Selecting Motors, Pinions, ESCs & Battery Packs
Phil Noel (copyright)
(N.B. This also applies to any other electric)
There seems to be a lot of mystery about how to match motors, battery packs and ESC’s to the Swift and other electrics. As it is all about simple numbers, I will try to make it as simple as possible.
First we need some basic information:
1 – The number of teeth on the maingear: - 96 for the Swift. This number will help us later when selecting the best motor pinion for the head speed we want to turn
2 – The KV of the motor we intend to use: - there are two good possibilities from Century, the CNE271 550+ motor that is rated to have a 1470 KV and the more powerful CNE274 600+ motor rated at 1110KV. The KV rating of the motor is important, because it tells what rpm the motor will turn when one applies 1 volt to it. So the 1470KV motor will turn 1470 rpm per volt while the 1110KV will turn at 1110 rpm per volt.
NOTE: do not confuse this rating as a power rating. It is not. It is only a number to tell us what rpm they will turn per volt. This will be used later to help calculate for rotor speed.
3 – The rotor speed we want to fly at, noting that the higher the rotor speed, the faster will be the battery drain.
a) 1500 to 1600 – for more gentle flying and longer flight times (good for training and scale flying). The wattage required for these rotor speeds and their related type of flying will be from 400 to 470 watts.
b) 1600 to 1800 – results in faster cyclic response needed for more aggressive aerobatics and sport type of 3D. The wattage required for these rotor speeds, and their type of flying will be from 470 to 600.
c) 1800 to 2100 – for even faster response needed for the more aggressive to the more extreme type of 3D flight. These head speeds will require 600 to 800 watts with fraction of a second peaks as high as 1275!!!
Looking at the watts required, one can see that the if he is using the same power system (motor, ESC & battery pack), setting it up to fly gently at a 1500 head speed will yield twice the flight time as setting it up to fly at the 2100 head speed.
4 – The battery packs we would have to use to get the performance we want. Here you can use any good battery that can provide the wattage listed above, These would be batteries from a 14.8 Volt 4S/3300 lipo, through the 18.5 Volt 5S/5000 or on up to the high power 22.2 Volt 6S/5000 pack. All will fly the heli, only at different head speeds and for differing flight times. Just be sure they have a good honest 20C or better rating.
For the remainder of this article, I will use the most common 600+ motor and the 80A ESC because of their greater flexibility through the use of various pinions from 9T to the 14T. I will also assume an overall rather standard power system efficiency rating of 90%. I will also use LiPo packs for these calculations, as they will deliver their nominal 3.7V/cell rating at the higher current draws associated with these high wattage demands. Other battery technologies, like the A123 cells, while rated at a nominal voltage of 3.3V/cell, will actually only deliver about 2.7 at these high current demands. SO if you want to calculate for use with these, use the more realistic 2.7 volt figure.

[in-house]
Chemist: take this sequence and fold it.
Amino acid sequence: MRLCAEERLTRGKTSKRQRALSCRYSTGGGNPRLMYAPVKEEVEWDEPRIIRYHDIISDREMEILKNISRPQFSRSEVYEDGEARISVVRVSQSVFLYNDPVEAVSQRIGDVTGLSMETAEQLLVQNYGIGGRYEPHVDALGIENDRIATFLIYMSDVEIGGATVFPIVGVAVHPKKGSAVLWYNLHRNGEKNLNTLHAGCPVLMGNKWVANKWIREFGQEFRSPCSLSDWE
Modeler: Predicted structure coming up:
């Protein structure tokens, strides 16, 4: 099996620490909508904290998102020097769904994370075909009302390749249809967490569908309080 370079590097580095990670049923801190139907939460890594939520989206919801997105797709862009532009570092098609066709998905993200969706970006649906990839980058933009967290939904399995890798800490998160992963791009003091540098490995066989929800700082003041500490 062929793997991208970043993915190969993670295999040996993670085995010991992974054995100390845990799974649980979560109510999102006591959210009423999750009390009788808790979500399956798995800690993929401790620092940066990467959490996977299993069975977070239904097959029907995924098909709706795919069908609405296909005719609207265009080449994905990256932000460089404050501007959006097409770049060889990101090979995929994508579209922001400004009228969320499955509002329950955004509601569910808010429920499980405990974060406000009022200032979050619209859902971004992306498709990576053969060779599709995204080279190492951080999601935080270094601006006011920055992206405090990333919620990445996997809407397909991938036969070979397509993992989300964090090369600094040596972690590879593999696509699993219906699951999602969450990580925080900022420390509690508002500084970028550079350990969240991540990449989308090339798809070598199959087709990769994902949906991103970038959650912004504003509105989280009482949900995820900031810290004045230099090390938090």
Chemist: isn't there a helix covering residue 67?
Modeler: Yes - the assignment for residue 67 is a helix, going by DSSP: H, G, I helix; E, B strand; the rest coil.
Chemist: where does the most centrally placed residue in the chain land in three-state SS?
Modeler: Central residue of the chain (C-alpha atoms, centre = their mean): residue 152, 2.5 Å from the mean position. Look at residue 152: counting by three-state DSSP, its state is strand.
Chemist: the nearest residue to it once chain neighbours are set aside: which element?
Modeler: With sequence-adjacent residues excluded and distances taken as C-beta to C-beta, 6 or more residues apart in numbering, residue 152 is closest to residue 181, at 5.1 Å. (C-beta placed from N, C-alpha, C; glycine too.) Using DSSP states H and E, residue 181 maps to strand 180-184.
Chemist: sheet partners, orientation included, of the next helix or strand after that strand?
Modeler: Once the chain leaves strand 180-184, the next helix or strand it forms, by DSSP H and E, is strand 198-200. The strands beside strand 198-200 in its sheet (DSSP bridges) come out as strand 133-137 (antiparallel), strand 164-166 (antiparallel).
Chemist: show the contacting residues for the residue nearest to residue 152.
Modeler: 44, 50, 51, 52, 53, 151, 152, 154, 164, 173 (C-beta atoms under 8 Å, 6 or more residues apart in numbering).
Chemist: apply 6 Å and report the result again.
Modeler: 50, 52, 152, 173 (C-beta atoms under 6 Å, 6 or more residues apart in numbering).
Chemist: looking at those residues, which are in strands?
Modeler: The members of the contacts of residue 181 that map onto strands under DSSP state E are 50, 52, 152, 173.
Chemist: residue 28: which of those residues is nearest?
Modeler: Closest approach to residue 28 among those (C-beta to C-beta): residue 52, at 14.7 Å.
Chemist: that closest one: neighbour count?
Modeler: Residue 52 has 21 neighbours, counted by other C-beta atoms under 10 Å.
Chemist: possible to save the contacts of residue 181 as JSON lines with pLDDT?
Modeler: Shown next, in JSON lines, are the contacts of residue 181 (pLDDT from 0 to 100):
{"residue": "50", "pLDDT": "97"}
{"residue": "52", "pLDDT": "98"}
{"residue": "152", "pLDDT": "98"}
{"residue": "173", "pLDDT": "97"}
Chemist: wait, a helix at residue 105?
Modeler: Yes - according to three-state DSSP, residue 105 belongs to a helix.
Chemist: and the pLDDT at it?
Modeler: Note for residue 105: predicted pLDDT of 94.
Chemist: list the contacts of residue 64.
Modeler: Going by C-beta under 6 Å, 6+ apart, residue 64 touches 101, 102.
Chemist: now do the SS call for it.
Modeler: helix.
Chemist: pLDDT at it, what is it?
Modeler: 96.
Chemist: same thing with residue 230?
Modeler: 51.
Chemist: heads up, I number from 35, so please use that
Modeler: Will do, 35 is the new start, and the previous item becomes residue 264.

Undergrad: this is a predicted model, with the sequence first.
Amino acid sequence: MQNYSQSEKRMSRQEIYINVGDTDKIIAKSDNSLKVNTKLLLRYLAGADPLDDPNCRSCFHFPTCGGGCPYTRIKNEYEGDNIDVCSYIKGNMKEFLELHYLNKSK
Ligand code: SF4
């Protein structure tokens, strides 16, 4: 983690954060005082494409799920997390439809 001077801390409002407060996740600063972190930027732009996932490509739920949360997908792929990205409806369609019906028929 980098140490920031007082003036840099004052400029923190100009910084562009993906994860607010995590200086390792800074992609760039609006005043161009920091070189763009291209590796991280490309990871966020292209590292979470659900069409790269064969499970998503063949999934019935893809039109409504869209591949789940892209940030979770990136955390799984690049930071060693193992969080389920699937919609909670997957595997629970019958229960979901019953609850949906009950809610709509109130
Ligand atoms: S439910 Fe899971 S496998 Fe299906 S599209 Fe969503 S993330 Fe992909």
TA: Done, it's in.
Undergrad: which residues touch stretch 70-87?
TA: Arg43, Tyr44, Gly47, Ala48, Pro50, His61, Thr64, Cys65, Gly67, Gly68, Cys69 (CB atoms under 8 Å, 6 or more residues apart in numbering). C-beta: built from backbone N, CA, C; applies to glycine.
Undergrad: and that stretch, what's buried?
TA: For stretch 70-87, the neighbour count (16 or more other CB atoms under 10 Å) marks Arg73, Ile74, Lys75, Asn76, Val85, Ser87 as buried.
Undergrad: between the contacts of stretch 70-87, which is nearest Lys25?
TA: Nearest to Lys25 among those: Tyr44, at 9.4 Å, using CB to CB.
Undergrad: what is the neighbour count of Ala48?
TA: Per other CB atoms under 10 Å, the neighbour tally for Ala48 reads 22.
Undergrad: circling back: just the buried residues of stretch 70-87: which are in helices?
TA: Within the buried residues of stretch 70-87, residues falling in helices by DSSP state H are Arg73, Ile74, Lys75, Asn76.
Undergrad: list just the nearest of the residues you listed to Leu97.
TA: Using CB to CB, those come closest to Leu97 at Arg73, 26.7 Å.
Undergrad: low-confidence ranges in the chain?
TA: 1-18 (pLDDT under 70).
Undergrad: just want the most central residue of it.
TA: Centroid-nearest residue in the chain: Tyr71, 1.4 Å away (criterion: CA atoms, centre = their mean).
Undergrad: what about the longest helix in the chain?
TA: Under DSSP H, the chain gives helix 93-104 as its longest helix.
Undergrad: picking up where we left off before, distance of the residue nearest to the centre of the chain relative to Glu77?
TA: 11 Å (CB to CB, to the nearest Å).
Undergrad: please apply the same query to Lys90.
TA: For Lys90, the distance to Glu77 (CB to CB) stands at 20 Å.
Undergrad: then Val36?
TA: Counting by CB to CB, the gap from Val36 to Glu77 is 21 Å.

First, let me examine what we would need for a more gentle trainer or scale ship set-up, with a head speed around 1500. And let us assume we are on a tighter budget, and only want to use the less expensive 4S/4000/20C packs.
Step #1 - I will have to find what RPM I can expect my motor to turn at, with this pack, and the ESC set at its’ most efficient setting of 100%, which is much like it was a straight wire. As the motor is rated at 1110 KV, that means my 14.8V pack will result in a rotor speed of about 16428 (1110 x 14.8). As we are using an overall efficiency of 90% for these calculations, we can assume that will drop to about only 14785 (16428 x 0.90). The formula is simply RPM = KV x Volts x Efficiency
Step #2 - I must calculate the gear ratio that would be needed at this motor rpm to get the desired rotor speed. The formula for desired ratio is GR = RPM / RHS. In this case it is 14785 / 1500 = 9.86.
Step #3 - Next we determine the required pinion gear needed, by dividing the number of main gear teeth by the gear ratio. The formula is simply PN = MT / GR. So in this case it is 96 / 9.86 = 9.7 teeth. As a pinion cannot have fractions of teeth, we will round up to one with 10 teeth. This will give a real ratio of 9.6 (96 / 10).
So our final resultant head speed will be 14785/9.6 = 1540. Pretty close to what we want.
Now let’s examine the HOT set up for about a 2100 head speed using a 6S pack of 22.2 volts.
Step #1 – 1110 x 22.2 = 24342 @ 90% = 24342 x 0.9 = 22178 net motor RPM
Step #2 – 22178 / 2100 = 10.56 gear ratio needed
Step #3 – 96 / 10.56 = 9.09 teeth on pinion
Step #4 – using 9T pinion resultant gear ratio is 96 / 9 = 10.67
Step #5 – net rotor speed is 22178 / 10.67 = 2080 which is close enough to 2100.
For good all around sport 3D flying at 1900 using a less expensive 5S pack:
#1 – 1110 x 18.5 x 0.9 = 18481 net motor rpm
#2 – 18481 / 1900 = 9.72 gear ratio
#3 – 96 / 9.72 = 9.88 teeth
#4 – using the 10T pinion the gear ratio is 96 / 10 = 9.6
# 5 – net rotor speed is 18481 / 9.6 = 1925
Of course at these rotor speeds you want to be sure to be using good quality 515mm to 560mm composite blades like the FK or RotorTech’s.
Also of note, is that you can use a pinion with a higher number of teeth and set your ESC at a lower setting to maintain a lower head speed. But I would not recommend going lower the an 80% setting, as you start losing too much efficiency, and your motor and ESC will run hotter.
I hope this has taken a lot of the mystery out of what is needed in selecting motors and pinions for your Swift – HAPPY FLYING